• What's wrong with searching for "come" and getting results that use "come" in English and "come" in Italian? users know the difference don't they? – Ayyash Nov 28 '14 at 10:33
  • Is there a reason you can't return (filter) based on either language entered. Maybe if they are in English language but typing in French 'baguette' just show the list as 'Bread (Baguette)', or otherwise if they search in the 'correct' language just return either 'Bread' or 'Baguette' singularly. Sounds like the user is using multiple languages, breaking out of the UI constraint you placed on them by having one language only. – S.. Dec 1 '14 at 20:41
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For a bilingual search, do not detect the language, just search both and return results from both searches. E.g. when typing "ma" in the autocomplete search box, you could get:

maçã (apple)
ácer (maple)

For multilingual, it wouldn't work that well, but if the search in the chosen language returns 0 hits, you could use a whole-word search in all languages and display good matches from that search...

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Currently you hide a huge content from users, but it's a critical point for your service. Using multi-language makes the case even worse. For Google it works, but they have strong back-end for doing this.

I suggest explicit presentation of the content, using multi-level selection. So you build strong information architecture of your content, which has the benefits:

  1. Represent the coverage of your content in explicit way
  2. Streamline the user flow from highest to lowest level with minimal errors
  3. Language-independent solution (less errors)

As this option is space-consuming, you could divide the flow on two steps:

  1. User selects the area of interest
  2. User fills the rest of the fields. If the first step was successfuly passed, they have enough motivation to finish the task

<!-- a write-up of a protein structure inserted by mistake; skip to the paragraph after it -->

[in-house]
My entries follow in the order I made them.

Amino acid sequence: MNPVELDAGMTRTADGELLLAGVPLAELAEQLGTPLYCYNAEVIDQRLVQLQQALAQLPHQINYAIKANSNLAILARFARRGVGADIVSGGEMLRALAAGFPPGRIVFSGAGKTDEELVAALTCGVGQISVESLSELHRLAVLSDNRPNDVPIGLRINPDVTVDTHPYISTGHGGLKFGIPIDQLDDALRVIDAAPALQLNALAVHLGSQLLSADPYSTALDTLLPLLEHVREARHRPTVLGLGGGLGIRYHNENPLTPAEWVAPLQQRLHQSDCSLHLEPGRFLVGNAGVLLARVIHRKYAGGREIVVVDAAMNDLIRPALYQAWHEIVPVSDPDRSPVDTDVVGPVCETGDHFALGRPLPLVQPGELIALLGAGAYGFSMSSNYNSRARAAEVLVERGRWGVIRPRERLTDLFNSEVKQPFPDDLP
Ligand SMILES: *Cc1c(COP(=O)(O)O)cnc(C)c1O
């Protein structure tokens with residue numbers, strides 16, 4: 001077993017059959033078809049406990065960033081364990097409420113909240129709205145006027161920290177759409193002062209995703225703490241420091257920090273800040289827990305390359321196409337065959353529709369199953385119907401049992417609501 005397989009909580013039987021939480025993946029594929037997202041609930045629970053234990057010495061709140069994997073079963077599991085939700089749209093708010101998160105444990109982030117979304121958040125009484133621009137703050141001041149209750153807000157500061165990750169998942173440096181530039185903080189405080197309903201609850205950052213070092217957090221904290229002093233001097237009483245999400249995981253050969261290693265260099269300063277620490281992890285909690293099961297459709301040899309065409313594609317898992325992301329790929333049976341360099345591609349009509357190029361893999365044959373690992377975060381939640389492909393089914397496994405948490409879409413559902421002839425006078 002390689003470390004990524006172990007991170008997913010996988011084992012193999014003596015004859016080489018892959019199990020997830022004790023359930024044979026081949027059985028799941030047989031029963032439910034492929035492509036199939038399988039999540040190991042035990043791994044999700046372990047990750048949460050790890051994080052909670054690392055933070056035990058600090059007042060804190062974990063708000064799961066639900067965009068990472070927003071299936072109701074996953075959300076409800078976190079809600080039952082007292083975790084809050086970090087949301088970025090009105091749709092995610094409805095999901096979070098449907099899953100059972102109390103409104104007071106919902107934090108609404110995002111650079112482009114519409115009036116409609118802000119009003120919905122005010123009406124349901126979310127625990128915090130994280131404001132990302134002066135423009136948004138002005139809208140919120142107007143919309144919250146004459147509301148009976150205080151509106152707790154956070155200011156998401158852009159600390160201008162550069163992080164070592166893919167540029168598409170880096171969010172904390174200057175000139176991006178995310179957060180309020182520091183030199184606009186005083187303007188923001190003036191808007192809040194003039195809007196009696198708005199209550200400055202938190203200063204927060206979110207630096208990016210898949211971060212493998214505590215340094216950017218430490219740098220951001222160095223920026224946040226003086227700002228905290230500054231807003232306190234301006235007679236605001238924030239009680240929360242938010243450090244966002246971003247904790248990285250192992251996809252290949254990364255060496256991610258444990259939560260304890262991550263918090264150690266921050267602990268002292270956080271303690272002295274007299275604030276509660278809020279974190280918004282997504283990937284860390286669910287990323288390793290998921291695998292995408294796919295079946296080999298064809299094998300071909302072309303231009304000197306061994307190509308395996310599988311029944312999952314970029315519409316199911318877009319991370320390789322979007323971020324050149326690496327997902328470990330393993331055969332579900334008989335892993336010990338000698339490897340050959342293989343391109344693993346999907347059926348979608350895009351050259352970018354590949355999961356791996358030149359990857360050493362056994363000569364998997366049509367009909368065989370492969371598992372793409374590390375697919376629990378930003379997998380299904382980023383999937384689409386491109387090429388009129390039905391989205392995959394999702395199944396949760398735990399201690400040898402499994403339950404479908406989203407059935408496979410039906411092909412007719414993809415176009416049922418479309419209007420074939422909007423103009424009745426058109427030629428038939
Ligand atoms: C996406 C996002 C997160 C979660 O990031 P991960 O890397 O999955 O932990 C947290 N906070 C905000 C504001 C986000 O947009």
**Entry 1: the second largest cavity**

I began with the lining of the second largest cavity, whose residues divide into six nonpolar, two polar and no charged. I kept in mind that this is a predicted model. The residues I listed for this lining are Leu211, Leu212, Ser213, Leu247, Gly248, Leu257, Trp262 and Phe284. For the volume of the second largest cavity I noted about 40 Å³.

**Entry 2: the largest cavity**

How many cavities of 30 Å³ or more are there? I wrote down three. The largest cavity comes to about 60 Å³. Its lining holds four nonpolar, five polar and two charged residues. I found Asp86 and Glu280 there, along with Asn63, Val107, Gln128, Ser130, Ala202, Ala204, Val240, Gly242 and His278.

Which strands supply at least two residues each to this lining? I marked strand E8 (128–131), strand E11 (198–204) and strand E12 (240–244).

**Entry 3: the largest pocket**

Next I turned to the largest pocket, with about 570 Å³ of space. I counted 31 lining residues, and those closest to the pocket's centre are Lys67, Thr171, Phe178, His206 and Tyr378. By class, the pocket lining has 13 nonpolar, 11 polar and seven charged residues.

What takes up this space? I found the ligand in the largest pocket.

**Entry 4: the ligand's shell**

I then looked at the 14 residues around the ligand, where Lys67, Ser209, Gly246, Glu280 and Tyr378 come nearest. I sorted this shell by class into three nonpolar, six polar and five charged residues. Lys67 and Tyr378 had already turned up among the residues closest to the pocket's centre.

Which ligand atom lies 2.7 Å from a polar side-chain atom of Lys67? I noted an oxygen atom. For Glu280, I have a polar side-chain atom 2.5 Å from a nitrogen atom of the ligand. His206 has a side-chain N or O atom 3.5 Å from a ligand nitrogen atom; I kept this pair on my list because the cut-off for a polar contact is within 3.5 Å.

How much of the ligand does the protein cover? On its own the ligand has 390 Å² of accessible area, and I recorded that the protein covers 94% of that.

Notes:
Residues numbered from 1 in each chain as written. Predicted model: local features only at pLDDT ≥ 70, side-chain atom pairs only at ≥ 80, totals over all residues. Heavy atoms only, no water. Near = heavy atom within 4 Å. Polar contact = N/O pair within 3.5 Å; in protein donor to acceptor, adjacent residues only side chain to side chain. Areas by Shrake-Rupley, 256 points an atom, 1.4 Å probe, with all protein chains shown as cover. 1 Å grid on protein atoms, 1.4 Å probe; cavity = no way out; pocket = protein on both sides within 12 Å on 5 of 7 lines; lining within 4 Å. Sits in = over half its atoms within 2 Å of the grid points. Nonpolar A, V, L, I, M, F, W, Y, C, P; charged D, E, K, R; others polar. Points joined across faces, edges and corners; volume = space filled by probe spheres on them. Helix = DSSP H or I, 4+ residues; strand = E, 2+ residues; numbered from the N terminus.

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    I used to agree with representing coverage of the content, I assumed it to be kind of USP; but later came to know that PM's don't want to promote it so prominently also. It might add unnecessary fear to choose option from 3 dependant drop downs. They will not know which first option to go for (very broad categories), options for second drop down depends on selection of first and so one, so if user chooses wrong category for first one, it will add frustration as even after using 2 more drop downs (+clicks +time) he will not be satisfied with that. And bilingual problem still remains as it is! – Spicerjet Nov 24 '14 at 13:51
  • @Spicerjet you don't limited with dropdowns to provide selection flow to lowest level. Building right information architecture isn't easy, but it helps for users to reach a target in a smooth way. You need no count clicks, rather think of users' cognitive load. Conduct comparative usability test to get the better solution. – Alexey Kolchenko Nov 25 '14 at 13:07
  • Agree! even if we don't count clicks, cognitive load is frustrating. If users don't know which first category to choose in order to go granular for next 2 drop downs, when they reach third, if they come to know they have made wrong decision as no expected option is visible, they need to follow reverse process or need to restart. How do we solve this apart from drop downs or auto suggest search upfront? we have fall back option (mentioned in Note) but we don't want user to use it as it is overwhelming. – Spicerjet Nov 26 '14 at 6:11